‘Bach at Leipzig’: Classical Music and Comedic Mayhem

William Shakespeare once said, ‘All the world is a stage, and all the men and women merely players.’ All you musicians out there can probably agree that ‘Life is a polyphonic spree, and all the men and women are merely voices singing.’
Think you’re crazy? Don’t worry. Contemporary playwright Itamar Moses doesn’t think so, and therein lies the charm of his new comedic play, ‘Bach at Leipzig,’ now being performed at the South Coast Repertory in Costa Mesa until Oct. 15.
The year is 1722. The place is the city of Leipzig. Outside the protective confines of its walls, various German factions wage war against one another, and deep inside the city’s palisades, a tragedy has just occurred. Johann Kuhnau, organ master of the powerful and immensely influential ‘Thomaskirche,’ has just died a sudden death, landing face down on the keyboard of the church’s giant pipe organ as it sustains the loud and steady drone of the last few notes pressed by the contour of his face. At the news of his death, organists from all over the countryside gather in Leipzig to vie for the coveted post. History tells us that the position went to none other than the legendary Johann Sebastian Bach, but it never tells us about the guys who tried and failed. That’s where Itamar Moses steps in.
Moses’ hilarious script, rich with wit and sass, has been compared to the works of Tom Stoppard, Kevin Smith and Quentin Tarantino. ‘Bach’ introduces the audience to six fictional organists and their humorous plotting, backstabbing and later violent interactions. Each is either named ‘Johann’ or ‘Georg’ and is only identifiable by his middle name, except for Georg Lenck, who is too poor to even afford one.
There is humor to cater to everyone’s tastes. The dialogue is smart and funny whenever the organists disparage one another with euphemisms. Conspiracies grow so absurdly complex that the audience can only remain in awe at the thought of a scheme actually blooming into success. Fans of the ‘Three Stooges’ will laugh out loud when the musicians eventually blow their fuses and go at one another with swords swinging.
Fans of television’s ‘Arrested Development’ will enjoy the play’s self-consciousness, even going to point of breaking the fourth wall at certain points. There’s even a little drug humor for you Cheeches and Chongs out there.
Of course, what’s a comedy based on music without some musical jokes? ‘Bach’ is indeed full of them. Audience members with a rudimentary knowledge of music theory and history will no doubt catch every one of them.
They’re small jokes, but when combined with everything else happening on stage, they accentuate the experience. It should be stated, though, that there is no prior classical music experience required to enjoy this riotous and sidesplitting play.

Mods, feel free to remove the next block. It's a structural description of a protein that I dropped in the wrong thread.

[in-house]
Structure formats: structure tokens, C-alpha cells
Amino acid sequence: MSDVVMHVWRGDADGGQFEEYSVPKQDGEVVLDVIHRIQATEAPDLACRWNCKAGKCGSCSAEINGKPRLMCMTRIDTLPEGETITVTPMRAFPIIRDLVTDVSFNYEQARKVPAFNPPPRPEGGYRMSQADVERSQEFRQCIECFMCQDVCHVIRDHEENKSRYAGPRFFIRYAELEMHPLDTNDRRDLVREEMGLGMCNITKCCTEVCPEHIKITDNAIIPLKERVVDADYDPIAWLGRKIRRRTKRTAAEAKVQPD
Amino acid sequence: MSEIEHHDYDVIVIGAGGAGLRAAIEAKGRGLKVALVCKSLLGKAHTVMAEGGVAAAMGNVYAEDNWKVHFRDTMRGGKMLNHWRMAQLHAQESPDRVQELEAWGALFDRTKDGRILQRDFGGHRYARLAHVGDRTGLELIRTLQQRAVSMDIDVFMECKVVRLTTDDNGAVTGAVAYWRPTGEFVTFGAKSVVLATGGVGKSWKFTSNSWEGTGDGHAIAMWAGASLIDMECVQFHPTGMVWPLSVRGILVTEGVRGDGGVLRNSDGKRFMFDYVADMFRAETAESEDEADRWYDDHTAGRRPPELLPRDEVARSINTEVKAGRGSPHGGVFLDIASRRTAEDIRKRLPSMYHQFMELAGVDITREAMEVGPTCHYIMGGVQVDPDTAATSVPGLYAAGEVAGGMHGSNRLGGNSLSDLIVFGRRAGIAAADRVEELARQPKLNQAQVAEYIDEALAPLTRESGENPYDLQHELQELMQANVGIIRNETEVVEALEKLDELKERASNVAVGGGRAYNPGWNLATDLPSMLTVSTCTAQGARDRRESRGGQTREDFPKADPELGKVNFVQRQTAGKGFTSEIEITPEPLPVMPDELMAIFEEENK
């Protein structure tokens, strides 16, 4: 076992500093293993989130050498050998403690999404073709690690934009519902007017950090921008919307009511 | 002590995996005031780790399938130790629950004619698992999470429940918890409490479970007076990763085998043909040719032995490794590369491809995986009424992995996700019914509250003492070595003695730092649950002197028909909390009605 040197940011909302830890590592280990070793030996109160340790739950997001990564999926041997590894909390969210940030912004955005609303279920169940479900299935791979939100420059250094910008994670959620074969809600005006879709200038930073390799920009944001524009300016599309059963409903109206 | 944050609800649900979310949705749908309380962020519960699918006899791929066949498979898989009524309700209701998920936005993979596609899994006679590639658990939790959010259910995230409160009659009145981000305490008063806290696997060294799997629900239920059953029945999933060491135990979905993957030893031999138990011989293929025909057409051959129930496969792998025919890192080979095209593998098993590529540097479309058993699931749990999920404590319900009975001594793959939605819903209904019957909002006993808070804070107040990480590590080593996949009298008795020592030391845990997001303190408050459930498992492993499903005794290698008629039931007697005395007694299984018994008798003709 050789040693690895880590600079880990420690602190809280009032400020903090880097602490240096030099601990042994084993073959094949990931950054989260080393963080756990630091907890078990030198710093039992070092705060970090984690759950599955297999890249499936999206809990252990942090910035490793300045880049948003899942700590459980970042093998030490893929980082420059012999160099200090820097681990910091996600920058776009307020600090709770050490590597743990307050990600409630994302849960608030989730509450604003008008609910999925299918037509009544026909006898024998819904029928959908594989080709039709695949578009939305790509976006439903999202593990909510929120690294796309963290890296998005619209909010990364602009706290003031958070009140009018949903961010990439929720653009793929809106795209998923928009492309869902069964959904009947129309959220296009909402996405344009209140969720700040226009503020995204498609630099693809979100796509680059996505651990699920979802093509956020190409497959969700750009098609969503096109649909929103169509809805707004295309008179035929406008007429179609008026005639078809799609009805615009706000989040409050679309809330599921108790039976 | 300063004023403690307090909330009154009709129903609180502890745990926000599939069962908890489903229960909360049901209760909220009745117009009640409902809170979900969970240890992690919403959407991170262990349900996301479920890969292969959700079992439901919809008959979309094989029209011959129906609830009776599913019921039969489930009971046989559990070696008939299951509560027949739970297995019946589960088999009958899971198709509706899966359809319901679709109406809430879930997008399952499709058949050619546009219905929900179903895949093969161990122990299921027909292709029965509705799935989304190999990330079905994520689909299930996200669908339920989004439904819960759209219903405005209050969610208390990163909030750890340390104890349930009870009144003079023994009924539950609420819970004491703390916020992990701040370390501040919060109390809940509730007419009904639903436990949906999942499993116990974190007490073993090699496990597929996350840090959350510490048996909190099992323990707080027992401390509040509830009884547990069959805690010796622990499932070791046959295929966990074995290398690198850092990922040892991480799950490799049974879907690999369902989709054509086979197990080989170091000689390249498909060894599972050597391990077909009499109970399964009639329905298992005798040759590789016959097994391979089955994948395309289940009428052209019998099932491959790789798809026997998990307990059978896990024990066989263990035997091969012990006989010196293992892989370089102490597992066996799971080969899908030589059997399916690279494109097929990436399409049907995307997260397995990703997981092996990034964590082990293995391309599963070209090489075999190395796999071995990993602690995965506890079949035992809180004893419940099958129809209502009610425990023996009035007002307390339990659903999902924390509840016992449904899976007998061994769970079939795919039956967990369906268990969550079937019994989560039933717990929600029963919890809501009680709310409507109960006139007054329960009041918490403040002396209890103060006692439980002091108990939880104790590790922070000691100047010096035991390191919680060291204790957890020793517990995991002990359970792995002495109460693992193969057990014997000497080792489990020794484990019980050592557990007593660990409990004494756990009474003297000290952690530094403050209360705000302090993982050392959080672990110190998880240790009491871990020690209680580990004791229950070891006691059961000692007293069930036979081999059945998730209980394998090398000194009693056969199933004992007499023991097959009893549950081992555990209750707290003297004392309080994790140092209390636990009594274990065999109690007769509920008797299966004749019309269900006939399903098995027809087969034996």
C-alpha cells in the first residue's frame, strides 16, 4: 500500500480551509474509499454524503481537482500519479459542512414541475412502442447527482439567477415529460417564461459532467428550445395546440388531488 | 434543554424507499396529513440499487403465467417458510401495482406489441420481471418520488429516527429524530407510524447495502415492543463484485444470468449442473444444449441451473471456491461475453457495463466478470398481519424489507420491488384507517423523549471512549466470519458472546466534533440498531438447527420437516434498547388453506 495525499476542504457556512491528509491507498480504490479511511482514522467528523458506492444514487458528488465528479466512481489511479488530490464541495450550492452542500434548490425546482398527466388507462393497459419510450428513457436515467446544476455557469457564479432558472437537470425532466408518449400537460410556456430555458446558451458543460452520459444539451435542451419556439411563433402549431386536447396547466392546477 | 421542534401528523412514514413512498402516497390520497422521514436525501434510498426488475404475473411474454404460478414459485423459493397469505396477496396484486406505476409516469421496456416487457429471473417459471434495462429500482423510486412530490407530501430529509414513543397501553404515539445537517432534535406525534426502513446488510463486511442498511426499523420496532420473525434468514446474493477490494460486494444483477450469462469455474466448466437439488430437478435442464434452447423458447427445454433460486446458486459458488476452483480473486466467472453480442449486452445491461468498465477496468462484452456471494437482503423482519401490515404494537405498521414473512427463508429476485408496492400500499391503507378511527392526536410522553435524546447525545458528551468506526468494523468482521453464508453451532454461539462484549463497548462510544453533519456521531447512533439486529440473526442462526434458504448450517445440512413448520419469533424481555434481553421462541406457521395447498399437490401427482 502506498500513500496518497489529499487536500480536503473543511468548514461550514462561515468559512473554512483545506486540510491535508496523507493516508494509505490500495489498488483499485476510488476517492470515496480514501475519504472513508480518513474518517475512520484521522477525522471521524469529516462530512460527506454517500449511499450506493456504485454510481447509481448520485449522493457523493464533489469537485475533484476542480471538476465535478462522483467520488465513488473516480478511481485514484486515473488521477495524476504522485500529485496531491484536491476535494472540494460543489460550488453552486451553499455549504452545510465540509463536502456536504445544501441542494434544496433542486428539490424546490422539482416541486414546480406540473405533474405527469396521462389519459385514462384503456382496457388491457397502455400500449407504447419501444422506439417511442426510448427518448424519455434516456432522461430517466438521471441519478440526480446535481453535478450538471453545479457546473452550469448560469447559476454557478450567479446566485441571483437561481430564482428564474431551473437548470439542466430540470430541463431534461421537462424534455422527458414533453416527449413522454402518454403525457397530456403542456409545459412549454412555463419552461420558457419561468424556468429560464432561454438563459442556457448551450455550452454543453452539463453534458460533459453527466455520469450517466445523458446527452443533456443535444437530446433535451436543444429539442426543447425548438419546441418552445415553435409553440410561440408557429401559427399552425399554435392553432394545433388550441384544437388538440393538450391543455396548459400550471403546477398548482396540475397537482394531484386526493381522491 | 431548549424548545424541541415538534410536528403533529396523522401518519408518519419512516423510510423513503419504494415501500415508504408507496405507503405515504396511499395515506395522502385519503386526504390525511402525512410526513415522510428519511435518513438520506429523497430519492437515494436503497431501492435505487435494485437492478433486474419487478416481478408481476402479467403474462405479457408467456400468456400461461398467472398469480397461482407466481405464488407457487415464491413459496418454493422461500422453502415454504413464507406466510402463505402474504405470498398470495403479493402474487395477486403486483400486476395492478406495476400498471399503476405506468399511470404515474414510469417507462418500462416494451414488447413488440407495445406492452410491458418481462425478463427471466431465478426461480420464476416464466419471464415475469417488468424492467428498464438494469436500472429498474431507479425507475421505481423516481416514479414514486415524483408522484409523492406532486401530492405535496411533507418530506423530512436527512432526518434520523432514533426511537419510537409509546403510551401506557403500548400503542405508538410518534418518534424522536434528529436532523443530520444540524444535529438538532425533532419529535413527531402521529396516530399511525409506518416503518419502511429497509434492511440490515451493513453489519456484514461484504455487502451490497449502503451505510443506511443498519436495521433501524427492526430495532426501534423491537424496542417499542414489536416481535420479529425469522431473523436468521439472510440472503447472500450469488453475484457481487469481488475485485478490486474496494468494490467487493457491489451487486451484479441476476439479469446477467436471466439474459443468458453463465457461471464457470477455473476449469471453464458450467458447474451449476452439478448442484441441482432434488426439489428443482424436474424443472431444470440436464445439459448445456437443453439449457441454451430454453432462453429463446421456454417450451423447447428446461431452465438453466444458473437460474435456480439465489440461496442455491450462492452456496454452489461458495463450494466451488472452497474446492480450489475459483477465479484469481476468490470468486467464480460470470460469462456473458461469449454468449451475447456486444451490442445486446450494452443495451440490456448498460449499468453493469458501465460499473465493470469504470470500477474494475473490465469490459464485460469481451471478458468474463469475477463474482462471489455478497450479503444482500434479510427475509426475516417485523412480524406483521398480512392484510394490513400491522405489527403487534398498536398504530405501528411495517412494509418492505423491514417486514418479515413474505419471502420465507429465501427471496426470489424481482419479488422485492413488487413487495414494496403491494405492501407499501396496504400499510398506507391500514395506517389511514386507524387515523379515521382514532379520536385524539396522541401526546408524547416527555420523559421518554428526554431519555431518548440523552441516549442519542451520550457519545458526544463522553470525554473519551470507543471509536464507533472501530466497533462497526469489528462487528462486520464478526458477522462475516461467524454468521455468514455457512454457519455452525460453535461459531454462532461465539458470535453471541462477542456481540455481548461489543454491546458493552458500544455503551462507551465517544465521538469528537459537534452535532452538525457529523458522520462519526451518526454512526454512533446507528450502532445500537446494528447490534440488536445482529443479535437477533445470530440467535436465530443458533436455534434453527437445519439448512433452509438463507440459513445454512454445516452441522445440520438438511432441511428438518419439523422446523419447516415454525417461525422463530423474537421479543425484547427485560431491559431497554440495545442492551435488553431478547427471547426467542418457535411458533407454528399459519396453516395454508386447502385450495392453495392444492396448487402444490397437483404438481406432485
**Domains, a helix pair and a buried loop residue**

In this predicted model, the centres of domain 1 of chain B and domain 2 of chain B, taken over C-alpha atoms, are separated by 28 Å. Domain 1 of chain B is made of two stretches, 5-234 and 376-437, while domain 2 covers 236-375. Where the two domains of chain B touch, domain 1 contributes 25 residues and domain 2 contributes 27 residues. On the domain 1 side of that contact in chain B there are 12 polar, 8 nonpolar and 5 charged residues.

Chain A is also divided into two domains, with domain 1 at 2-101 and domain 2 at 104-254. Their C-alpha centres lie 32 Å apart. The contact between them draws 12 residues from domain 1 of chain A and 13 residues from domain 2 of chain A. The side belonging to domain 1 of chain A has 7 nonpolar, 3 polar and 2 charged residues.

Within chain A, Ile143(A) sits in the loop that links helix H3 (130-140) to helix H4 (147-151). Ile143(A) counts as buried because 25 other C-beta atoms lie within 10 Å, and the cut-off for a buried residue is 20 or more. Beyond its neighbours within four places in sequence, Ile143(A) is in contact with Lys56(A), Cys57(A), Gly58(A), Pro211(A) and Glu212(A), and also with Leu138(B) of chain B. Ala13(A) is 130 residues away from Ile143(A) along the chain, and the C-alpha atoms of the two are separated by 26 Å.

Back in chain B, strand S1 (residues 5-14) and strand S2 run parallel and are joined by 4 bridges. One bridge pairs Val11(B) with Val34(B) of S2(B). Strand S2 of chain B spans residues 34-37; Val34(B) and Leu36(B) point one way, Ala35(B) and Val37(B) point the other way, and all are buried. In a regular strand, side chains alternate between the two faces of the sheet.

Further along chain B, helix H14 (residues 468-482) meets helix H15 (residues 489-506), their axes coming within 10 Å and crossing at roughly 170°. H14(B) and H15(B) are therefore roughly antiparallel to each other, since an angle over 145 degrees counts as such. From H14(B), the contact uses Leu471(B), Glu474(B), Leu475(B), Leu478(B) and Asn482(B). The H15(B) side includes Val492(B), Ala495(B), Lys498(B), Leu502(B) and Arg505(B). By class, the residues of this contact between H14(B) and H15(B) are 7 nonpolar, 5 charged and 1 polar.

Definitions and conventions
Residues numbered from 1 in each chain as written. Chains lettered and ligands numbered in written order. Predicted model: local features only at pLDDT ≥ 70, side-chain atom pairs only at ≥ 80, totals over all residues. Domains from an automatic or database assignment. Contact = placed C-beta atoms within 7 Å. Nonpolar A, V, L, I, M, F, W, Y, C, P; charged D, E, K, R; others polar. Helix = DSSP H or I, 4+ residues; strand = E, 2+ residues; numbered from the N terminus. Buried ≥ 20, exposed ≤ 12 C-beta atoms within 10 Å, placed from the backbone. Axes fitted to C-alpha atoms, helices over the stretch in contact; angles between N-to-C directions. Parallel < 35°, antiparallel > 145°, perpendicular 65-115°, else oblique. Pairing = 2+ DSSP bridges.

While it definitely excels in the humor department, ‘Bach’ tends to be a bit deficient in the profound. It’s not that the play lacks deep meaning or thought. It tries too hard to juggle so many topics that it only ends up scratching the surface of what potentially could have been mind-blowing epiphanies. Aesthetics, the role of music in religion, the belief in pre-destination, Calvinism, Lutheranism and music in general are all put on the hot seat, but never really get burned. On top of that, the ending will definitely leave some audience members scratching their heads.
Thankfully, the play does have one coherent idea that is sure to bring a smile to your face. The crown jewel comes during the final act, when the lionhearted Johann Friedrich Fasch writes a letter to his dear Anna telling her to compose a fugue. While he gives a monologue about a fugue’s musical structure, the other actors are seen in the shadows going through the movements of the first act with Freidrich’s monologue as a scene-by-scene commentary. Two and two come together and the audience sees the genius of Moses’ work: His play works out to be very similar in structure to a polyphonic masterpiece with six voices, each character representing a line of music.
On par with the comedy in the play, the costume design and artistic direction are top-notch. The ‘Thomaskirche’ set where all of the action takes place looks beautiful and the actors’ costumes, which harken back to a baroque version of the movie ‘Amadeus,’ never seem to get old throughout the play.
The casting is dead-on, as each actor portrays his character with so much power and vibrancy you can’t help but sympathize with the organists and their predestined fate to lose to Bach, who is never even seen on stage.
Highly recommended for those who are just looking to find good and sophisticated laughs with lots of entertainment value, Moses’ ‘Bach at Leipzig’ pulls most of the right stops and hits most of the right notes. Did I mention that there’s lots of loud organ music?